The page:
Until just recently geriatric depression was not regarded as a medical diagnosis, however, with the elderly suicide rate being the highest in the country it has now come to the forefront of medical research. There are numerous reasons for depression in anyone, at any age, but it seems to plague the elderly at a much higher rate. This is due to a variety of reasons. One factor is the health condition of elderly people who ultimately become victims of a medical ailment by sixty-five years of age. This enhances the chances of depression substantially. Another major reason for geriatric depression is the loss a spouse, in which the passing of our significant other becomes such a traumatic experience that reclusiveness, denial, and ultimately depression are resorted to.
It has been recently acknowledged that insomnia is another cause of geriatric depression, often diagnosed as a sleeping disorder instead of a major participant and contributor of depression. These are just a few causes of this dark, lonely medical misconception. As we embark on the theories of depression and the current roles of nurses' interaction with the depressed elderly, the reason for research reform becomes apparent. A few of the problems with the solution is the resistance of the elderly to acknowledge and accept proven treatments. Late-life depression affects about 6.5 million Americans age 65 and older, but only 8% to 10% receive treatment (Reynolds & Kupner, 1999). Older patients with significant symptoms of depression have roughly 50% higher healthcare costs than non-depressed seniors (Reynolds & Kupner, 1999). Thus, it becomes difficult for the elderly to maintain medical bills in addition to other medical costs.
As we analyze treatment for geriatric depression, the causes and effects of this silent predator must be understood. Depression later in life frequently coexists with other medical illnesses and disabilities. Advancing age is often accompanied by the loss of social support systems due to the death of a spouse or siblings, retirement or relocation of residence. Furthermore, depression tends to last longer in elderly adults and increases their risk of death. Studies of nursing home patients with physical illnesses have shown that the presence of depression substantially increased the likelihood of death from those illnesses (Lee, 2001). Depression has also been associated with increased risk of death following a heart attack. Clinical depression can be triggered by long-term illnesses that are common later in life, such as diabetes, stroke, heart disease, cancer, chronic lung disease and Alzheimer's disease.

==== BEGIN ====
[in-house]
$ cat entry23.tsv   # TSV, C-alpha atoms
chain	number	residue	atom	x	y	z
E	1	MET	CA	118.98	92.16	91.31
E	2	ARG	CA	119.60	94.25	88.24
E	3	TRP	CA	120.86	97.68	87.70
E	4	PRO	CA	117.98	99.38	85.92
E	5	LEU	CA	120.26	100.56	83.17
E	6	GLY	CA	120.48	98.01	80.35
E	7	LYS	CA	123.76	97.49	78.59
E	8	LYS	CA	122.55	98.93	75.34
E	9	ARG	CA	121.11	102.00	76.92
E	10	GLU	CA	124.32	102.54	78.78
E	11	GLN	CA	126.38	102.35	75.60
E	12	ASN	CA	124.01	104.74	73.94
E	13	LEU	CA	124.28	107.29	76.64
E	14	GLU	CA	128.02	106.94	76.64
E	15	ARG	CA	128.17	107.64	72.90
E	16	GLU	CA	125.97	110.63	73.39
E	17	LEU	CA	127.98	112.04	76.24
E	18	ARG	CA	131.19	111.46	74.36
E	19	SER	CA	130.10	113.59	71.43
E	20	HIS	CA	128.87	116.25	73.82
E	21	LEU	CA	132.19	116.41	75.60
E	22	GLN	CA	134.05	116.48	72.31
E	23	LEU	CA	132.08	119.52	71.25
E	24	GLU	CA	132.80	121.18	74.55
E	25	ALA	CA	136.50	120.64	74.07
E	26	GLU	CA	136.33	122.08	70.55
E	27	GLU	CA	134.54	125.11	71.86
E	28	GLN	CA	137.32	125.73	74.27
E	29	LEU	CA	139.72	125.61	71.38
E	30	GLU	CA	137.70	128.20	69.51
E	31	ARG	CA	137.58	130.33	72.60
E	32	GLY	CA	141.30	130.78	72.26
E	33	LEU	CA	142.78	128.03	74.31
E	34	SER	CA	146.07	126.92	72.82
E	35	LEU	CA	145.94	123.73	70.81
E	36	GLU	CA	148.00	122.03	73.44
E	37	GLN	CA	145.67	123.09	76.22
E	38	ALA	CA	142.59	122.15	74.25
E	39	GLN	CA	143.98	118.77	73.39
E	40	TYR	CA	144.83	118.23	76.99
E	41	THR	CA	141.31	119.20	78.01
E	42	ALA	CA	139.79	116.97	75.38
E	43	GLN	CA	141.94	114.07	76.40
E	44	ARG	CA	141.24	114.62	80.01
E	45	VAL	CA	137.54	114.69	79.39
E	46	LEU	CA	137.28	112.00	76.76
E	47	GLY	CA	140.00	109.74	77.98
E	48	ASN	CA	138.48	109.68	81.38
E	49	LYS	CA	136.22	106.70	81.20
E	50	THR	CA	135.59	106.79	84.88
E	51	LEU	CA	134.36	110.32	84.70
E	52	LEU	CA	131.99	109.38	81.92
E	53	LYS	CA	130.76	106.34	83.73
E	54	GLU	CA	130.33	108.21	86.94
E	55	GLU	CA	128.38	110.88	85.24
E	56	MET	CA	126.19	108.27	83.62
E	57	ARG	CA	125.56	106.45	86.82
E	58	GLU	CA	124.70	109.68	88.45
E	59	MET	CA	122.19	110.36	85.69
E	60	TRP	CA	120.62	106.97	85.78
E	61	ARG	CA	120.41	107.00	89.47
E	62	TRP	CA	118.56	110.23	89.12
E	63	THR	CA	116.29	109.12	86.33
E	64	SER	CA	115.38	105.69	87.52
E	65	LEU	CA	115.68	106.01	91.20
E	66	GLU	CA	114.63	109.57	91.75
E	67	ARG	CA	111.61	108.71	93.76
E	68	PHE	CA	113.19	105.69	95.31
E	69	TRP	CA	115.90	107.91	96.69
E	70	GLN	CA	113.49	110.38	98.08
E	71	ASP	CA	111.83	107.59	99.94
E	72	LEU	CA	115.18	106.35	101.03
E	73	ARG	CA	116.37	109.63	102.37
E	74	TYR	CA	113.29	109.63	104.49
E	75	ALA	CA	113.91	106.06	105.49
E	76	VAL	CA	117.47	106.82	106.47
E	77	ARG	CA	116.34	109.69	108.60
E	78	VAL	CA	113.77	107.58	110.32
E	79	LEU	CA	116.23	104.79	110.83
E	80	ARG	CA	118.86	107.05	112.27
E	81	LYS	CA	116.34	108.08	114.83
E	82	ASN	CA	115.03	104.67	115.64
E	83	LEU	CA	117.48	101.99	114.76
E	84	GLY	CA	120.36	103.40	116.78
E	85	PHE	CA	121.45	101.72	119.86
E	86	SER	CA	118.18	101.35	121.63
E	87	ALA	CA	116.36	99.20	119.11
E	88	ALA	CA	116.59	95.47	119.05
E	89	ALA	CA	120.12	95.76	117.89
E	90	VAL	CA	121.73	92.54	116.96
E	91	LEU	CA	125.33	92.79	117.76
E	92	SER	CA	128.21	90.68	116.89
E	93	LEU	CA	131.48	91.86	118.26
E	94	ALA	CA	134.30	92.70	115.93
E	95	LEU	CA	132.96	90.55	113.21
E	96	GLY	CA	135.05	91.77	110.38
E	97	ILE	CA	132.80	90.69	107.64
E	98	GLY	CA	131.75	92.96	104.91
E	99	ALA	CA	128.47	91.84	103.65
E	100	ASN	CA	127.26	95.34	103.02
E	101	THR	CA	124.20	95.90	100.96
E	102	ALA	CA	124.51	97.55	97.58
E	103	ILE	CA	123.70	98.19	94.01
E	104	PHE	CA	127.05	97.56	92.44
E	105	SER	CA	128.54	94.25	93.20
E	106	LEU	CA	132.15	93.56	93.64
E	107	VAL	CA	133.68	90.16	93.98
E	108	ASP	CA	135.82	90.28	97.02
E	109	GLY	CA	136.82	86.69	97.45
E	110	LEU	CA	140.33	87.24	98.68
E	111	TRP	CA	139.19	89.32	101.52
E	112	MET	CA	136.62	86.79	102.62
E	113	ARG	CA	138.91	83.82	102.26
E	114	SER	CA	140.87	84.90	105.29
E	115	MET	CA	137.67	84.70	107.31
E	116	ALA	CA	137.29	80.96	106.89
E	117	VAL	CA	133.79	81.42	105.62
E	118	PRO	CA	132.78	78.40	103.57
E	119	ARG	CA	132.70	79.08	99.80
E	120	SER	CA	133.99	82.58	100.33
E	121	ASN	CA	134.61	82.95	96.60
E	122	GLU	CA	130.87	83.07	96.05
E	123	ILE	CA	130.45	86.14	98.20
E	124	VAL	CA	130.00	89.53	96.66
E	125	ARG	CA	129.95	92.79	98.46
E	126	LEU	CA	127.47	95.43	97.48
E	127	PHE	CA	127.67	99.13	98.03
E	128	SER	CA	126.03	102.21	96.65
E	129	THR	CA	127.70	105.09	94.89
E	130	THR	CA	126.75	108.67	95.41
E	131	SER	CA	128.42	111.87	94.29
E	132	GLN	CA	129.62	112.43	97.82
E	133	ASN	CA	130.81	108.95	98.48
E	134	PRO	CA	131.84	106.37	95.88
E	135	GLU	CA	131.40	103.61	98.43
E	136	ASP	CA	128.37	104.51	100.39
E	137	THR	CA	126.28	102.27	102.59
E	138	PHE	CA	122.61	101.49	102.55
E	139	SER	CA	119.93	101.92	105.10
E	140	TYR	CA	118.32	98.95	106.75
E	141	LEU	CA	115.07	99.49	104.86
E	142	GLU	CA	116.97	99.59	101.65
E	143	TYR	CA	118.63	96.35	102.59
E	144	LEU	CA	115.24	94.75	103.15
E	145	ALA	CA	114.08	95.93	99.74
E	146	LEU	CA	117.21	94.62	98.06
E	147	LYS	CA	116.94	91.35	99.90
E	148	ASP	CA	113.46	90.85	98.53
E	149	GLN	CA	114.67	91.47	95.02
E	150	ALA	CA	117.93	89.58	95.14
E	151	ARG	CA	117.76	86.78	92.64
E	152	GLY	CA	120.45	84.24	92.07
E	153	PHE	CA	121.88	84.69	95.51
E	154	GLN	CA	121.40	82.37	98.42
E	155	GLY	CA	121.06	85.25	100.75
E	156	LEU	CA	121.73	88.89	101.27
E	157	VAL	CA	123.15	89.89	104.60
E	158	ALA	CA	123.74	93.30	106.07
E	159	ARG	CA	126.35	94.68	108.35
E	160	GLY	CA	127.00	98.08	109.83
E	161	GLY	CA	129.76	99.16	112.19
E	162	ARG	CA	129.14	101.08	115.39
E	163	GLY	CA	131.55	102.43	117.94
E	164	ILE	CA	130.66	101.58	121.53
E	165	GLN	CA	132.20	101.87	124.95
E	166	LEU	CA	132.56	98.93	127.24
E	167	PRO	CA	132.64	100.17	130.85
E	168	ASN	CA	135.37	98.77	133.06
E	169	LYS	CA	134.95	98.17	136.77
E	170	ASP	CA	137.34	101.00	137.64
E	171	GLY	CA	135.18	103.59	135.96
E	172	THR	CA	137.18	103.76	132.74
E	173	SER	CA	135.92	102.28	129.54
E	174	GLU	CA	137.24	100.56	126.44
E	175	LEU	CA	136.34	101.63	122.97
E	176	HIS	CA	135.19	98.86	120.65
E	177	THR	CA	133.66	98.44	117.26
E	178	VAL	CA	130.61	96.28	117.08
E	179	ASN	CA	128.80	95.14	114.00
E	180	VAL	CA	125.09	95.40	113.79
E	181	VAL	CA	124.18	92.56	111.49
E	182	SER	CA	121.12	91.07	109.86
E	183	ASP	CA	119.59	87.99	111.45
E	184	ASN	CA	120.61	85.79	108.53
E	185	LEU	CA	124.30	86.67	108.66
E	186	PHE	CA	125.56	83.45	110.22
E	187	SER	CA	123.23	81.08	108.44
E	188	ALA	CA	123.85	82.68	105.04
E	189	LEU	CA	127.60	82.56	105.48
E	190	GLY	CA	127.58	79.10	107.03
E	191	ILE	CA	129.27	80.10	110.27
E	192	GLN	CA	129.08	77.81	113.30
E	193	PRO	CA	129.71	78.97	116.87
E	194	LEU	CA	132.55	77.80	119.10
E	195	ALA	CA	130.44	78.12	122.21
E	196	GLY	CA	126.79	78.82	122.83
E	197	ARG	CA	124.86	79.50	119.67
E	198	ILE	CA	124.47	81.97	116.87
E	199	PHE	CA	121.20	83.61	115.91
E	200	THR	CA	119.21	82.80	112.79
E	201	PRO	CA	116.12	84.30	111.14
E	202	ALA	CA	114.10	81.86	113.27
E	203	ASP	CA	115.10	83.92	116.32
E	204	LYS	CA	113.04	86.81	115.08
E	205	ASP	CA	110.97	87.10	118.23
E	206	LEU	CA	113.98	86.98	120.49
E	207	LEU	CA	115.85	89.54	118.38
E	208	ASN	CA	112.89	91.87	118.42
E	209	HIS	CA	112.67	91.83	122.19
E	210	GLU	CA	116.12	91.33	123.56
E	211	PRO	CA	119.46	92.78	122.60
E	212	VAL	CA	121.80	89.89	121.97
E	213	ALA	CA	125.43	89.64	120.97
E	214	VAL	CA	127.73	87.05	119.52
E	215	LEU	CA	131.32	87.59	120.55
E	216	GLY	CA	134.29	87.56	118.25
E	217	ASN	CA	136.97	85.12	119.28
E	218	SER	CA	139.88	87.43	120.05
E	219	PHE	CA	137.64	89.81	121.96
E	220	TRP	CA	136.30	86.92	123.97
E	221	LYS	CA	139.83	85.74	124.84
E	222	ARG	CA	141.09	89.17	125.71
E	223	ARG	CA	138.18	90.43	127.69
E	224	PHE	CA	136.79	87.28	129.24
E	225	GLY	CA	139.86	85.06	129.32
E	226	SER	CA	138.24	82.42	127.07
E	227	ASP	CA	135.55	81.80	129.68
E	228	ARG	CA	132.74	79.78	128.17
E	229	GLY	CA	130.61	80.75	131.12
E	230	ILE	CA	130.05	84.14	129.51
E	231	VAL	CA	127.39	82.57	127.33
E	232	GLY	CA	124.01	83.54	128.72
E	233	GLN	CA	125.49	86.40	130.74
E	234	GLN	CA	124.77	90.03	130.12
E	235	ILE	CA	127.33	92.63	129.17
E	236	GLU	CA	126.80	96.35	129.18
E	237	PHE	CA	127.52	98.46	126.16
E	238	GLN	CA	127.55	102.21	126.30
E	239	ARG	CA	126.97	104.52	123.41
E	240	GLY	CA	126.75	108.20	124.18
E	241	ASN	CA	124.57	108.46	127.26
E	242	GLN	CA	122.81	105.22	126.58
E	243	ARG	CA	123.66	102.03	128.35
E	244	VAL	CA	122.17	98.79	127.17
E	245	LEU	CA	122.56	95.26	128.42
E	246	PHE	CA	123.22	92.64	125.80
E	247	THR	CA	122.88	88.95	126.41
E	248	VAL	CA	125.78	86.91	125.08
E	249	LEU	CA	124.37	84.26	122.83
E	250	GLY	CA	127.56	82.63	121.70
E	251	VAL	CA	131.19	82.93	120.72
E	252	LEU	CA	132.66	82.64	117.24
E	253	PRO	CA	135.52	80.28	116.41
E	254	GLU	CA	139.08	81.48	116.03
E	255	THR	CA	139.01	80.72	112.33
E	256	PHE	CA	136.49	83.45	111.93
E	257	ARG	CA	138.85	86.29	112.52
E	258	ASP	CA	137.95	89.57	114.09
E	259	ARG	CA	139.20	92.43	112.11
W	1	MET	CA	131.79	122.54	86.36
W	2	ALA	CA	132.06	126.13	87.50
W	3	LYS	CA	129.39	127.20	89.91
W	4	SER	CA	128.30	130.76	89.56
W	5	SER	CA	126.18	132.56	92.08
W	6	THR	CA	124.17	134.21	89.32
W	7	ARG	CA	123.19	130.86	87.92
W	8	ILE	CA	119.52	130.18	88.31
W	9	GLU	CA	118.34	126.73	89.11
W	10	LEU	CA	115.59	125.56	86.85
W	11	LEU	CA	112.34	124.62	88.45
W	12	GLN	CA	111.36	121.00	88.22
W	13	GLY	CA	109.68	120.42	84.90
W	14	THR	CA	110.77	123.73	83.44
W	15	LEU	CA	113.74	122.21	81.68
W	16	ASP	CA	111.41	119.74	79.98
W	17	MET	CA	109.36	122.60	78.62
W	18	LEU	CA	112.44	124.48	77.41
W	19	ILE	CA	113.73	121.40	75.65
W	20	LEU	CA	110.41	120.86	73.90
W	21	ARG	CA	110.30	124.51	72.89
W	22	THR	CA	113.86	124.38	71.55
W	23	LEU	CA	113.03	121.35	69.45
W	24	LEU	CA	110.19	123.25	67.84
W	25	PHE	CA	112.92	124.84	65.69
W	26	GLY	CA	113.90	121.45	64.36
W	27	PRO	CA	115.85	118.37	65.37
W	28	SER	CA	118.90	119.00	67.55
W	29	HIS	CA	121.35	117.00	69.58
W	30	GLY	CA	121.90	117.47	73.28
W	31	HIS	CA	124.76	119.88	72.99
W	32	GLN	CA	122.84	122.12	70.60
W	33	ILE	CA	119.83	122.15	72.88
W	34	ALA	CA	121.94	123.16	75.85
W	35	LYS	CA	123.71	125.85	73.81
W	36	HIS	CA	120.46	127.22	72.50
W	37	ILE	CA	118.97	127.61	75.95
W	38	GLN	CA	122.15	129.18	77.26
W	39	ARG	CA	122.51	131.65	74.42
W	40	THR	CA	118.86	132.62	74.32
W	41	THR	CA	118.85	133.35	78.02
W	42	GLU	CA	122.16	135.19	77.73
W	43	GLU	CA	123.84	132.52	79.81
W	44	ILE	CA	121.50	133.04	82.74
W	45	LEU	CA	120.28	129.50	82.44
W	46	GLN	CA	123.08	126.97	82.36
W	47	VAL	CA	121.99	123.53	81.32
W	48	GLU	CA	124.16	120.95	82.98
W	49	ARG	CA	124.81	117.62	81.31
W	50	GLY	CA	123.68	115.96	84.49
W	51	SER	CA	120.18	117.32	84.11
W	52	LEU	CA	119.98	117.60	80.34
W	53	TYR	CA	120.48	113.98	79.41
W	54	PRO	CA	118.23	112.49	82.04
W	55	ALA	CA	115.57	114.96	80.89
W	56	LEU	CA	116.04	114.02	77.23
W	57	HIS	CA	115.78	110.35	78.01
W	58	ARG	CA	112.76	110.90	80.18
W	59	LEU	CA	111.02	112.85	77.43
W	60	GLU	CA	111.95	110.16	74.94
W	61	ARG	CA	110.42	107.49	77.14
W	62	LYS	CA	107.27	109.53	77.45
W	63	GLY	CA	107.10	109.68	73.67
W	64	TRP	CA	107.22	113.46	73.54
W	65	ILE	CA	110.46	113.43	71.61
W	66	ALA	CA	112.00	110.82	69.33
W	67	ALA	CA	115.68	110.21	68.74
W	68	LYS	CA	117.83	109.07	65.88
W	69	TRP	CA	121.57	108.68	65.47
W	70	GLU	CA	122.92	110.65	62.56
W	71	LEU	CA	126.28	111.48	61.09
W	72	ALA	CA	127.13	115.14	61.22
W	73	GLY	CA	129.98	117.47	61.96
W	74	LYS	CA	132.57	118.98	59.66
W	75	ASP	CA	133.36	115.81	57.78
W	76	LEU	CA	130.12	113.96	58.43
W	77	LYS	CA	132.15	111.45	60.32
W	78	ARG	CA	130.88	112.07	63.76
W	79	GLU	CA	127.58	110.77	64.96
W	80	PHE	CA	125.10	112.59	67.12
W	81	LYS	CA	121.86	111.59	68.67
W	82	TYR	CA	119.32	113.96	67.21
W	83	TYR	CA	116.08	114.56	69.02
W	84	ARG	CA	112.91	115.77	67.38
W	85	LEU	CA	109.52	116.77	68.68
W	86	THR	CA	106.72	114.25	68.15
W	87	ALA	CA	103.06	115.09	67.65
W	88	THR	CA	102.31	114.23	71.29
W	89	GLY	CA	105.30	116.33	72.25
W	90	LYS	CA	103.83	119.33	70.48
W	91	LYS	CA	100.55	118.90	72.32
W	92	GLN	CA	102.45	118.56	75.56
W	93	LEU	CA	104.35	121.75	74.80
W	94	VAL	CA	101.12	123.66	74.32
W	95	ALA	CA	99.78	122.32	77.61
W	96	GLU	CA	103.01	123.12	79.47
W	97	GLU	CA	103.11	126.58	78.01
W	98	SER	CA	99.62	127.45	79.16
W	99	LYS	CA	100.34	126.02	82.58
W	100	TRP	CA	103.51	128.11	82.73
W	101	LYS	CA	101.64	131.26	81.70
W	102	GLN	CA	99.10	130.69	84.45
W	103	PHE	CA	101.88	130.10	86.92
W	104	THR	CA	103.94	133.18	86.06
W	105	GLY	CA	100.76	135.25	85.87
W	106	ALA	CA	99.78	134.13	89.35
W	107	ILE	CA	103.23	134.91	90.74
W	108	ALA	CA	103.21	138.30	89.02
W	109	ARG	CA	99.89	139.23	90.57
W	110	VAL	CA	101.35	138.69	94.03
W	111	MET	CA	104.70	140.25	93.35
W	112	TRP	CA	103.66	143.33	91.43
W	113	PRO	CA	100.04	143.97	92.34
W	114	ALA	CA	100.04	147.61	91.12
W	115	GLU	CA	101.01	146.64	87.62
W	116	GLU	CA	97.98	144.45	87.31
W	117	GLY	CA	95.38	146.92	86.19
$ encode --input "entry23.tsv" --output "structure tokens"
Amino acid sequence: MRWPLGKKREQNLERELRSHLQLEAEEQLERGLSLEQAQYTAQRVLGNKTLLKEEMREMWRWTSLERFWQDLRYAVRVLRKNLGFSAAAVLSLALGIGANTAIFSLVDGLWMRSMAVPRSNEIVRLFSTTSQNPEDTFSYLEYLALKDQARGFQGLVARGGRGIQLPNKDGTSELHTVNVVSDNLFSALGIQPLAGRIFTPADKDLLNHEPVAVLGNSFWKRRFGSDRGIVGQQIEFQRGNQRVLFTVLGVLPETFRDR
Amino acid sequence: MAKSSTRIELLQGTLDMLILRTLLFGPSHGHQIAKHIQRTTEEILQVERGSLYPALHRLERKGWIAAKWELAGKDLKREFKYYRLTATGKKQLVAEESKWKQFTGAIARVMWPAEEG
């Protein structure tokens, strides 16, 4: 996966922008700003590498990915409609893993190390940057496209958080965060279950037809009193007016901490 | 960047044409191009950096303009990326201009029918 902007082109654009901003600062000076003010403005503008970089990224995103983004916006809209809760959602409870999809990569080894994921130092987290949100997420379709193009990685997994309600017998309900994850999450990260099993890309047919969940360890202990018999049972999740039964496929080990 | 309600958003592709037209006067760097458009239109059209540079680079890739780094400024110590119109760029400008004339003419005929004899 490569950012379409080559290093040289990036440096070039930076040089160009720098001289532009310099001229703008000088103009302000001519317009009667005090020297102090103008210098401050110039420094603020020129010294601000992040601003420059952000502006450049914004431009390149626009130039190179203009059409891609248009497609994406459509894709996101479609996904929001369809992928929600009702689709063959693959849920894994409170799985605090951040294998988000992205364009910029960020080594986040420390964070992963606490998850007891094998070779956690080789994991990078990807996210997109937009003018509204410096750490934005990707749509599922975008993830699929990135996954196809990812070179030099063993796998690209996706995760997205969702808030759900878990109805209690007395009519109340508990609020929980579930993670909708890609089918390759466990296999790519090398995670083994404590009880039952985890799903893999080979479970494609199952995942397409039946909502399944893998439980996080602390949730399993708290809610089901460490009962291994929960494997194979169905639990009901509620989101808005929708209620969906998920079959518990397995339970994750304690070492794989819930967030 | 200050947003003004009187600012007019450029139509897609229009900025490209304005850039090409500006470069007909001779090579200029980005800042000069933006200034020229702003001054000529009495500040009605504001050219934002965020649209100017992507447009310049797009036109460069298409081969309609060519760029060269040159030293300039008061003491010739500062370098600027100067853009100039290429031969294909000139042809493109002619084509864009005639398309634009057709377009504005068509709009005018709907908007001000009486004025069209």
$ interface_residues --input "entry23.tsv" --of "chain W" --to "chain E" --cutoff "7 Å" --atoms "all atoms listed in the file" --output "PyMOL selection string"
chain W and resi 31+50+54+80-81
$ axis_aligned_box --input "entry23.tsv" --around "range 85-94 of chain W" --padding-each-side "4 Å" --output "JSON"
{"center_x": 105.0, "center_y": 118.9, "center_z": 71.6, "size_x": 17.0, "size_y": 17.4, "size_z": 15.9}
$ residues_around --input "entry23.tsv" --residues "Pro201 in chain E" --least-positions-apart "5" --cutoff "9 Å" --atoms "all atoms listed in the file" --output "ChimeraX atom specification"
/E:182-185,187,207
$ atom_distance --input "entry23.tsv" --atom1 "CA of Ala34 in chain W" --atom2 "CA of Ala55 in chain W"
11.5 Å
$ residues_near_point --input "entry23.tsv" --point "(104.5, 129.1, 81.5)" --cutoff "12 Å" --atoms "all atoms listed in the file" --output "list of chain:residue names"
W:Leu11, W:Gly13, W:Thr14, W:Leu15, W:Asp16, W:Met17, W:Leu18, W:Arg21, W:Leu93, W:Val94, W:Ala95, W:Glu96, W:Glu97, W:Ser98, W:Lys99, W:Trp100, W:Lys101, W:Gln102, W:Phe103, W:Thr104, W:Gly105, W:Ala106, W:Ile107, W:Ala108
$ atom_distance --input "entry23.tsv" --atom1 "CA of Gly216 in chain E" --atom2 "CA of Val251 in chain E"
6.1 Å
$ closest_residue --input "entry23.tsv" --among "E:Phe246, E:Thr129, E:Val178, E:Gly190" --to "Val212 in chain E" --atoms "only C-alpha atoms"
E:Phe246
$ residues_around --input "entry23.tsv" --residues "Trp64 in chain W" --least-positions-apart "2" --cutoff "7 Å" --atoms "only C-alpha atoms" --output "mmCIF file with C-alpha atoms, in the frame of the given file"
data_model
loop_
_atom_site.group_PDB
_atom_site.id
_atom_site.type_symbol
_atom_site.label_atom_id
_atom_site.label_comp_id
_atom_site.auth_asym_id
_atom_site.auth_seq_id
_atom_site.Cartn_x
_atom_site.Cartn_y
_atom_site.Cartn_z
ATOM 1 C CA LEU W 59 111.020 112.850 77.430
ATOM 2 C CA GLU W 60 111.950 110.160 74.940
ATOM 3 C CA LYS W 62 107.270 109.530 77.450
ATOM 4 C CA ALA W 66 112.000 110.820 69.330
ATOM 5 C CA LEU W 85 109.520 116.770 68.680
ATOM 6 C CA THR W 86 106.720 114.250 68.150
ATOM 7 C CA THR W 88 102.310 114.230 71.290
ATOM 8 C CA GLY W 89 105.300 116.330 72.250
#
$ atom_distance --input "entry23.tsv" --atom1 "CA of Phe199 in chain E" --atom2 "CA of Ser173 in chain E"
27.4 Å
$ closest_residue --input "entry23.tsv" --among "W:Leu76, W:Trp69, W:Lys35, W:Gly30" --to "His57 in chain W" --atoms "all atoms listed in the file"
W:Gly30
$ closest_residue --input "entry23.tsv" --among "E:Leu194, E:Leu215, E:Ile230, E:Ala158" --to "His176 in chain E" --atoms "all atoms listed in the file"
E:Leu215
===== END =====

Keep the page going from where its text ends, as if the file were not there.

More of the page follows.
The most compelling consequence of depression later in life is increased by mortality from both suicide and medical illness. Bereavement depression often coexists with another dimension of emotional distress, which has been termed traumatic grief. The symptoms of traumatic grief are a combination of both separation and traumatic distress. Elderly who are depressed often have poor eating habits, so it is difficult to determine whether the vitamin deficiency is a cause or result of depression. As a result, doctors often recommend that depressed patients try to improve their eating habits and take a multivitamin along with other treatment. However, appropriate treatments for this phenomenon still need to be developed and tested.
Accordingly, the role of the registered nurse (R.N.) lends itself an increased responsibility as well as accountability. This role of service is so essential to quality healthcare that many have turned to private home-nurses for their end-of-life care. The interactions between nurse and patient play an important role in receiving the best possible treatment for the patient. A nurse assesses all available information on the patient, acts as the liaison between doctor and patient, and when the doctor is not around, acts as the primary caregiver. These responsibilities become even more essential when the nurse does routine check-ins, monitors all vital signs, and speaks to the patient on a frequent basis. This is the key to diagnosing geriatric depression; a simple conversation can enable a nurse to determine some revealing components to depression.
For example, useful questions a nurse asks their patient is "Are you sad?" "Are you sleeping poorly?" And "What have you enjoyed doing lately?" The responses to these questions give a glimpse into the state of mind of the patient. These questions obviously do not determine whether the patient should be diagnosed as depressed but it allows the possibility to be further explored and assists in a future diagnosis of depression. Results of a study of 33 registered nurses that worked with elderly…